The champion of democracy, the USA is set to hold elections for the "most powerful man on Earth" in 2008. Hillary Clinton, Barack Obama, Rudolph Giuliani, Mike Huckabee, etc., are running for President. Elections witness wide media coverage, including live debates among candidates. This is a very positive step, since potential voters know clearly what policies their candidates stand for. On the other side, campaign costs run into billions of dollars, which is not a very productive way of spending money.
From observations in the diverse countries mentioned above, it is clear that development and progress is associated with free and fair elections, a direct result of freedom of press and presence of opposition. Countries with freedom of speech like France, USA and Slovenia are rapidly progressing, while nations like Kenya and Turkmenistan continue to be ridden with political and social conflict. Opposition parties and the media serve as a constant check to the policies of the Government. When there is a single party dominance, voters have no real choice in electing their leaders and the party leader continues his dictator-like stronghold over the country.
The media also plays an important role during the election campaigns. The candidate portrayed favorably by the media is perceived to be popular Hence, most power-hungry leaders seek to control the media, so that they can continue their dictatorial rule. Similar to the situation in erstwhile Nazi Germany and present Turkmenistan, the absence of free press results in no control over the dictator's decisions. Much later, the international community "wakes up" and supports the revolutionary factions of the country to change the hands of power. But this is too-little too-late, because by then the dictator has taken unilateral decisions that prove to be extremely detrimental to the country's long-term interests.
My country, India, is a free democracy with sufficient freedom of press and free and fair elections. While there are numerous reports of booth-capturing and election rigging, most are rumors generated by disgruntled oppositions. However, with a paltry literacy level of 65% and pathetic living conditions, elections are fought more with minority-appeasement policies, distribution of free clothes in campaign rallies and outright purchase of votes rather than live debate. Being a nation with huge diversities, candidates often resort to mudslinging by accusing the opposition of being minority appeasers, or using the most minor issues to target religious and social sentiments. Moreover, the head of State in India is elected indirectly by the elected representatives of the people, hence obviating a direct media impact on his election.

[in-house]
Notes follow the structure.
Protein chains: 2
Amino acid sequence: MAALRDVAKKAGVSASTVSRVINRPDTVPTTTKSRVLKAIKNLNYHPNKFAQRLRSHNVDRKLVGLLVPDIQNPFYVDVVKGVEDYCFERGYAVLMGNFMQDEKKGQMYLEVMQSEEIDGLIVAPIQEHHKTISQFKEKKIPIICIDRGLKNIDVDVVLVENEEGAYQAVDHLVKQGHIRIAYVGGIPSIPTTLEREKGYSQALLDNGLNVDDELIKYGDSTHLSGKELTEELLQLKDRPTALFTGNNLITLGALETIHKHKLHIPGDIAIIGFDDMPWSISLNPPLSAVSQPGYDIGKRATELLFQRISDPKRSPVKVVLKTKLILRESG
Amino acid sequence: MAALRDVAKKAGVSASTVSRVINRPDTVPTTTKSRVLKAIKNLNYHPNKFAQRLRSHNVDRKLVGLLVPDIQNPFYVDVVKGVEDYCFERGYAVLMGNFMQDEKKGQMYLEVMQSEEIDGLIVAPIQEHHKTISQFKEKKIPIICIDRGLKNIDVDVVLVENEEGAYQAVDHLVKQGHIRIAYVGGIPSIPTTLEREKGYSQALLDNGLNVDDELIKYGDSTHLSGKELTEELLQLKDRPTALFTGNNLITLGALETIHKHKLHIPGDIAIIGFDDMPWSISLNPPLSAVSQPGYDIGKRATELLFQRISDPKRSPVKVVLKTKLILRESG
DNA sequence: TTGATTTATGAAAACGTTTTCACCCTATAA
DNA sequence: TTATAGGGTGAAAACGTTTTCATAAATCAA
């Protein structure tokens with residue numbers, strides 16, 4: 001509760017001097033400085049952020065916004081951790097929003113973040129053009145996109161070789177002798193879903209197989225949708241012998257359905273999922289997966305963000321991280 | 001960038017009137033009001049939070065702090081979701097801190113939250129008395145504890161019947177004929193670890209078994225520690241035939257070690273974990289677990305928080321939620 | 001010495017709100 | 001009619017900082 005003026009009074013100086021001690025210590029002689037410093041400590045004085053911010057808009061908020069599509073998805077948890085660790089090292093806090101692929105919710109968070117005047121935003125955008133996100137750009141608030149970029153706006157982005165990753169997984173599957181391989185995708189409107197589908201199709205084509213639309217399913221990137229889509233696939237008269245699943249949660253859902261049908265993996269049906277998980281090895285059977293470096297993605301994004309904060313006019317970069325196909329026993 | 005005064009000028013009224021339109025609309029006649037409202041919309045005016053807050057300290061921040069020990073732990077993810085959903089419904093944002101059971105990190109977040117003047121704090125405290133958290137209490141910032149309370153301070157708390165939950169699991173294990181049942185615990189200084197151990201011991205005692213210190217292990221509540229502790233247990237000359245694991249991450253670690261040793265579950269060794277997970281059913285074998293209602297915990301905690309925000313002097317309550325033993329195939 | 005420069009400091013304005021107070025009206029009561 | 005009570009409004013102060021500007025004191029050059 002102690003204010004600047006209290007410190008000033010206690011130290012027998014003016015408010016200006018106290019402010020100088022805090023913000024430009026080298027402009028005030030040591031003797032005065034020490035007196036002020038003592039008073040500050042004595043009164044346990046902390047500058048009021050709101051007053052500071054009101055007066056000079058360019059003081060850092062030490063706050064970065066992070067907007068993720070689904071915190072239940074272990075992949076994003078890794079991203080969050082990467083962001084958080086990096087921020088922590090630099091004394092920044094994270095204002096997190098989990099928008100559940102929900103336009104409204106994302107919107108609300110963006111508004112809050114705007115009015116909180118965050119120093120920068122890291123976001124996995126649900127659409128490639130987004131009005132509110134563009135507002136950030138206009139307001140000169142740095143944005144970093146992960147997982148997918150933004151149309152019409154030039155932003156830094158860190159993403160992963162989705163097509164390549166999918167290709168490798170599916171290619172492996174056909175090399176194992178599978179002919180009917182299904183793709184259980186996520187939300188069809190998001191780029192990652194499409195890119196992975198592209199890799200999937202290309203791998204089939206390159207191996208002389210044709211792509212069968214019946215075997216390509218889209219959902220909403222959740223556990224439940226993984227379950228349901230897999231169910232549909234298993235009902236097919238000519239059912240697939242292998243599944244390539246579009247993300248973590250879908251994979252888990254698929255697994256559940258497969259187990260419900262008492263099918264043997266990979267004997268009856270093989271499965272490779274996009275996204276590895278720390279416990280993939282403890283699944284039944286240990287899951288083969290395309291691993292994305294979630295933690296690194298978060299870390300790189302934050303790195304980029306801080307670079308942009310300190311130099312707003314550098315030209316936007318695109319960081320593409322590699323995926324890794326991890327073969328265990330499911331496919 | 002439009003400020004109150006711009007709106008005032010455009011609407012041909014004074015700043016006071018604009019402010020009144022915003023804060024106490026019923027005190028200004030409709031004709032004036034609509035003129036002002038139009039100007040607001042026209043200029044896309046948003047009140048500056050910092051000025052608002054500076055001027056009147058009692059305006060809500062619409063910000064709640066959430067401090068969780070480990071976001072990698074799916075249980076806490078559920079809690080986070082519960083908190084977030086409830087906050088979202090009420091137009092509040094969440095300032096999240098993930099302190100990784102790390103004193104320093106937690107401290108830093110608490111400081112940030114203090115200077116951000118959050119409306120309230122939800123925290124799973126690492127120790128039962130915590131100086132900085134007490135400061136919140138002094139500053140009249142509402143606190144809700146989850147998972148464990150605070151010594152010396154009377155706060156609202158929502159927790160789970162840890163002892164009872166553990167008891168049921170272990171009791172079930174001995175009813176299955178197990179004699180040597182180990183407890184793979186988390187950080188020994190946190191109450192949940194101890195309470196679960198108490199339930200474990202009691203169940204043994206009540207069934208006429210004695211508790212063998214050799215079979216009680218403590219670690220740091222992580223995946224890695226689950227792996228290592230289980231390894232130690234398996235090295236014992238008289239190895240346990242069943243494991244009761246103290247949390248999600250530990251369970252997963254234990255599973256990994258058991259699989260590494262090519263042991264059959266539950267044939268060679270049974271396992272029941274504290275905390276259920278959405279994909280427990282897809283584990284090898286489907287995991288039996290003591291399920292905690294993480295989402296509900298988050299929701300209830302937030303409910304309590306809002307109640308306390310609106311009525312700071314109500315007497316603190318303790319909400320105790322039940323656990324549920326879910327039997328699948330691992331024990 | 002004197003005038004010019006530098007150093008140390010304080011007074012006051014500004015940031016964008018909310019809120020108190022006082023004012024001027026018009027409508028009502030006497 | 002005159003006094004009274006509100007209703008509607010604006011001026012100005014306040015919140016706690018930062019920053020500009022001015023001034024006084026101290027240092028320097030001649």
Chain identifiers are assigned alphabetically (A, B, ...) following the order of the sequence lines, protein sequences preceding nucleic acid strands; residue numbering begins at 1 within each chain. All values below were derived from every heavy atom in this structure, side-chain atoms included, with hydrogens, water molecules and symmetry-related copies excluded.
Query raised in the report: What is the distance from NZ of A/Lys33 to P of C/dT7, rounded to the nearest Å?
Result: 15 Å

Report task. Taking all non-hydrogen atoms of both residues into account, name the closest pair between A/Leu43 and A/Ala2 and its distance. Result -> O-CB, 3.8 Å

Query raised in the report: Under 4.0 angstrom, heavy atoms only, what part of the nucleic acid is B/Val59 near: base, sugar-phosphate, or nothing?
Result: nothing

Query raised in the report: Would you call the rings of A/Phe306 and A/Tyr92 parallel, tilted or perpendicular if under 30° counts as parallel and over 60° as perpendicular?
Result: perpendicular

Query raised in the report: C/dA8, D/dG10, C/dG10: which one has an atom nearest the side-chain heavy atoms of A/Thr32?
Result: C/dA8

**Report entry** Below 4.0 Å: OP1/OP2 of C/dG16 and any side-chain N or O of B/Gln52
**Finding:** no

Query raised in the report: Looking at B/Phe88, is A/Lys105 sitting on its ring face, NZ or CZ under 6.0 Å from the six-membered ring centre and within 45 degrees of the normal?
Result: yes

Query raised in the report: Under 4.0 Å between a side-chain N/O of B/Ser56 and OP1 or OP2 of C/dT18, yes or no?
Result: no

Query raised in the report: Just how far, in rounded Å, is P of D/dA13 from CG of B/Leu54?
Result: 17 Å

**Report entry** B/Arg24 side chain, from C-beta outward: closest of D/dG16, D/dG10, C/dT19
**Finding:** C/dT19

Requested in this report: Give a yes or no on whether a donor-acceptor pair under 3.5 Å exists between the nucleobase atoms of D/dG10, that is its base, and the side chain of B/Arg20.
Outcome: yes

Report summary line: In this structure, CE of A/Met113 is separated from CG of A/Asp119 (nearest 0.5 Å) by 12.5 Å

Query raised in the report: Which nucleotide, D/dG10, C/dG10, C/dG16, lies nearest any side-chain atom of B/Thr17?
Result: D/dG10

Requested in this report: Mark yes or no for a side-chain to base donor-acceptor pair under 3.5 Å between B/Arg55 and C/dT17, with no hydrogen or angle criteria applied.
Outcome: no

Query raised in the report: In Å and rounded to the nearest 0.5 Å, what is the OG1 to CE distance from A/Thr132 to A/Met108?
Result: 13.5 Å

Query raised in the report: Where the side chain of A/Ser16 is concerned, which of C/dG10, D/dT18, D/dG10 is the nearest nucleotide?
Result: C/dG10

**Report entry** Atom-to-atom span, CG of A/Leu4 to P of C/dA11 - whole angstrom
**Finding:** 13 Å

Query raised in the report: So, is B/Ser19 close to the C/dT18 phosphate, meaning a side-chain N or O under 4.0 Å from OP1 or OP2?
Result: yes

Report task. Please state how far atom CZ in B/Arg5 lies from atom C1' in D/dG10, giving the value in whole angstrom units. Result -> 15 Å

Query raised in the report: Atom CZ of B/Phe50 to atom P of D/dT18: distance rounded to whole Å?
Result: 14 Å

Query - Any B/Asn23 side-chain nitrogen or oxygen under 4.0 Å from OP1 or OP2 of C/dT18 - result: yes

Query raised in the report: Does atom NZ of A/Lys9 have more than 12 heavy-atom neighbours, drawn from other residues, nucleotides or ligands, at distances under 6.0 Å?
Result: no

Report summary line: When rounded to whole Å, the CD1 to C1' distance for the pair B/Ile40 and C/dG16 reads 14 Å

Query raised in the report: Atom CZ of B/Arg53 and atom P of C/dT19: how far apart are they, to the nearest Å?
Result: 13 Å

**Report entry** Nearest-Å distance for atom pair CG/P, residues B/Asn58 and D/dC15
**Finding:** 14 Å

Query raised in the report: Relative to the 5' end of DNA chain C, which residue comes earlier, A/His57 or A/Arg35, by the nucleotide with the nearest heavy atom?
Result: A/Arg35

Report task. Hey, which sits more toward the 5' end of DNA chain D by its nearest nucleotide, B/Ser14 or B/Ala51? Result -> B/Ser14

As explained, the absence of a free media leads to deterioration of a country's well-being in the long-run. In several countries including mine, even with the presence of free media, the focus is given more to the religion, race and gender of a candidate. There is lack of live debate and voters are unaware of what policies the candidates stand for. The media must be responsible enough not to play sides, but to portray fairly each candidate along with the policies they represent, so that voters can choose what viewpoint they support.
It is said, "The printing press did to the mind, what gunpowder did to warfare." A free media coupled with a free mind will do to the election process, what Michelangelo did to architecture, NASA to space exploration and Einstein to physics.
"Why don't they like me?" This quote by the character Ruby Bridges in the movie titled by the same name is a question that most people who have been discriminated against, ask. Why don't people like them? It is usually because of their differences in race, religion, ethnicity, sexual orientation, gender, or a disability of some kind. People who are unsure of themselves discriminate against others.
The movie, Ruby Bridges, is a story about a little girl in Louisiana. She is African American and is in first grade. She is very smart. The NAACP talked to her mother and asked if she would be one of five students who scored high, and would enter the all-white school in her city. Her mother, wanting something better for Ruby, said yes. This little girl went to school and was alienated from the start. She was schooled by herself until her teacher, a Caucasian lady from Boston, insisted that other children join them for at least part of the day. People called her names daily. They threatened to kill her. Ruby's father lost his job. Even the local grocery store refused to serve them because of Ruby going to the school. The movie is a Disney movie and is suitable for the family.
I think this movie would impact anyone who watched it, because of the main character, Ruby. I was amazed at how the character, Ruby, reacted throughout the movie. This little girl was raised in a religious household. She was told daily to "pray for those that persecute you." She actually "walked the walk" and even prayed for her tormentors on the steps of the school as they were hurling insults at her. She knew love from her family and only wanted friends. Because of her smile and her forgiveness, people gradually came to accept her. Many of the students in her school were following in their parents' footsteps, but, because children are more accepting of others than adults, many of the children came to become her friends. Her lessons in the movie would teach people who watched the movie to respond to hate with love. Not tolerating hate, but loving the person, and hating the act. She was a good example of this throughout the story.
Students would change their behavior upon seeing this movie. They would realize how each person discriminates against others in certain ways, some of them subtle. One thing that stood out to me in the movie was when the local grocery store owner told Ruby's father to stop coming to the store. The owner was Jewish and had been discriminated against herself. Ruby's family had been supportive of her when she had been discriminated against, and were her first customers. She responded to the "society pressure" and asked him not to come to her store. I think this would make each person realize how pressure by others sometimes cause each person to act in ways they know is not right. Hopefully, it would give them strength to make their own individual choices.